Visiting Ashti refugee camp
Many of us go about living our lives, day in, day out, we carry out chores like shopping for food at the store, going to work, getting in our cars to travel to and fro, very basic things that we have become accustomed to doing, it is almost just routine; however, visiting refugee camps is all but routine. The day I went to Ashti Camp in Sulaymaniyah people there were gathered in solemn silence for a funeral. I noticed, just to the side of the funeral area, a large PEACE sign laid in cement on the ground. I thought to myself, “isn’t that something, here in the midst of a funeral, among refugees who have known only war for years, someone placed a silent reminder of what is really important.”
Today is food distribution day here at ASHTI Camp, my organization, Bring Hope Humanitarian Foundation, learned 4-5 months ago that this camp never received shampoo, ever. In more than two years not one organization knew of or reacted to this glaring need. When we discovered it, we brought 2000 pieces of baby shampoo. Clothes and some mattresses will be delivered by Bring Hope in a few months. Hamza, the Deputy Camp Manager told me 2855 families reside here. The refugees come from different areas, some from Mosul, some are Yazidi from Shengal, some from Salahaddin, what struck me most was the number of people with red hair. Americans think of Irish immigrants when they see people with red hair, clearly I had much to learn.
I loved my learning experience, I only wish more people could watch, touch, experience this heartbreak like I did, it puts everything else in one’s life into perspective. Hamza told me Bring Hope Humanitarian Foundation has delivered aid here four times since they became aware of their needs and another distribution is set for tomorrow. So I set off to talk with the people living here, to learn from them and enrich myself.
It had rained the night before and the camp was very muddy, people’s belongings had been dragged out of their tents and were hanging everywhere in hopes of drying before another storm would again drench them, bedding, clothes, pillows, anything and everything they possessed – mud and all – hanging in the cool breeze. I stopped to speak with a family, they were 6 members, two adults and four children ages 11, 8, 6 and 2. They had been in another camp for 1 year before coming to this camp where they have been for 2 ½ years. A Muslim family from Bashiqa the mother told me they escaped by car and were very lucky as explosives were everywhere.
I spotted a tent with rows of small snack items, I asked, “Where do you get this food?” The 17-year-old girl in charge of running this small shop said they go to town, buy a few things and bring it back, then sell what they bought to make some money so they can get other things they need, like food. Beda was her name, she explained her family has 12 members and things are very hard for them. The small tent was full of water, but she managed to get most of the snack items up and out of the mud and salvaged almost all of their inventory. We were standing ankle deep in mud though.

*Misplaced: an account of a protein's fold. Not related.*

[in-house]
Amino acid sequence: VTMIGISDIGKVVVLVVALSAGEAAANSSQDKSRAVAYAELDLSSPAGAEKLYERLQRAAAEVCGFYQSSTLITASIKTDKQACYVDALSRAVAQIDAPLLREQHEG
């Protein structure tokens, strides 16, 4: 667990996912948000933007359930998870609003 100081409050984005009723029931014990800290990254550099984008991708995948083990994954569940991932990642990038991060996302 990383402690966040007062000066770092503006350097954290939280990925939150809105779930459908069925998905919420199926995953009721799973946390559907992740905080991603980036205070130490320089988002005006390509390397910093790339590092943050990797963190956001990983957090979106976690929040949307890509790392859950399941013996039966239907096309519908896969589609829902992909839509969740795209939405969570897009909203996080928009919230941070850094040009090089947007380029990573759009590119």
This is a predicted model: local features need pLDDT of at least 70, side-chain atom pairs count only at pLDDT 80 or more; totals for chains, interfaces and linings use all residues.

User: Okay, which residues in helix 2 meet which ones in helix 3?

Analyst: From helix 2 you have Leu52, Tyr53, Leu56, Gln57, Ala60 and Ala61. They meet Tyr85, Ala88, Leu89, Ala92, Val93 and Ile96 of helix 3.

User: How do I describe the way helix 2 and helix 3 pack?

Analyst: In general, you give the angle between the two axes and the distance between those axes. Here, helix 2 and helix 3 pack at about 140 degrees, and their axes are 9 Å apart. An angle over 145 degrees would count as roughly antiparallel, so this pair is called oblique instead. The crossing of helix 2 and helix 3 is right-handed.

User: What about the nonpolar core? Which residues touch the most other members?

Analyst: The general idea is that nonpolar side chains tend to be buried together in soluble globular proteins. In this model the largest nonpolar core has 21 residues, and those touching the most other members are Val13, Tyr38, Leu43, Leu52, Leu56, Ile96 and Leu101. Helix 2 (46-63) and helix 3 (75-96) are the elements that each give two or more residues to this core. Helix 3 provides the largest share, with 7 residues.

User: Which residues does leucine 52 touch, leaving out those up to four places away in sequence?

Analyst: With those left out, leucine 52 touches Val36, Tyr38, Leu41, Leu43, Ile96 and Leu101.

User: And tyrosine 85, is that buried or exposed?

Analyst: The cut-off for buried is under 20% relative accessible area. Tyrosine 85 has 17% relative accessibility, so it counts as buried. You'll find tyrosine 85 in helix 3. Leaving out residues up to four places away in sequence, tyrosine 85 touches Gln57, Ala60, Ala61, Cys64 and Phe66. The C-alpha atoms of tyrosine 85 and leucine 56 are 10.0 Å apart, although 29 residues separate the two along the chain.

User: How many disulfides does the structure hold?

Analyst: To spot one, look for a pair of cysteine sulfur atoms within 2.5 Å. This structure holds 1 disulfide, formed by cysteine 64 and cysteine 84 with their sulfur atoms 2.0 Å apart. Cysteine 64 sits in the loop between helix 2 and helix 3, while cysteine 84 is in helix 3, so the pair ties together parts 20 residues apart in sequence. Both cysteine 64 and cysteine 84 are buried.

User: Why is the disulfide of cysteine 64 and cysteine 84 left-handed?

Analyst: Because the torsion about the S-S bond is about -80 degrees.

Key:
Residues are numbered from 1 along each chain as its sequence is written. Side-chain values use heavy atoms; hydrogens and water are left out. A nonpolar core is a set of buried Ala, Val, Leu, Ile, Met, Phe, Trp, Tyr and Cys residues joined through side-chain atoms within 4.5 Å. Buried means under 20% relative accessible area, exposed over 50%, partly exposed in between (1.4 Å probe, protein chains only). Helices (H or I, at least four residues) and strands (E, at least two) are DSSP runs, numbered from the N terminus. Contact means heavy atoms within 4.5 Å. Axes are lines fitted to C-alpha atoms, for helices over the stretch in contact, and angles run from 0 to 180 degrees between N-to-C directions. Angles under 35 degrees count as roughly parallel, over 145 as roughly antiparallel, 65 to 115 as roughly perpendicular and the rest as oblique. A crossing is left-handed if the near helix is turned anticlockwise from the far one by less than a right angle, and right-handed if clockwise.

I must say most people were happy to speak with me, I felt very welcomed and the entire experience is really more than I can adequately describe on paper. Most of the children looked very tiny for their age, a small boy walked up to me, age 12 I learned, his name was Shurooq (please forgive me if I misspell names, as my concentration was on learning about experiences and connecting to people on a personal level) he said, “I some English”, I responded, “that’s great, tell me, what do you know?” Shurooq proudly and loudly exclaimed, “I love you!” Up to me ran his siblings or friends, I am not really sure, Hamad age six, Leila age ten and Hisham age 3, they were all talking and smiling and I smiled back, we couldn’t understand each other, but I believe they knew I was happy to see them.
My eye caught a small boy who was playing with a makeshift wooden gun so large he could barely carry it, he looked to be about 2, but I later learned he was three and part of two families comprised of seven and four people respectively. The families were from Salahaddin, they have been here 3 years. One of the mothers explained they left the city when ISIS arrived. They took small boats from Dujail on the Tigris toward Baghdad then they came to Kurdistan. She told me, “Saddam murdered lots of people.”
Lastly, I want to say a bit about collaboration. It seems many NGO’s protect themselves and their donor base afraid other NGO’s may usurp them or their funding, this mode of operation is very limiting and not useful for collaboration. If we remember who we are all working to help, which is the people in trouble, perhaps we can see a way to implement true collaboration in the spirit for which it is intended.
I do not want to single one NGO out, as they all have a very restrictive, almost secretive modus operandi. Let me simply say, Bring Hope Humanitarian Foundation has tried unsuccessfully to establish a working relationship with this camp’s emergency hospital. We have a great number of medicine donations and want to make stocking their shelves easier and more efficient, rather than simply accept these donations from us (nothing is being asked of them, except to take these donations for the people) they prefer to decline the help. It befuddles me.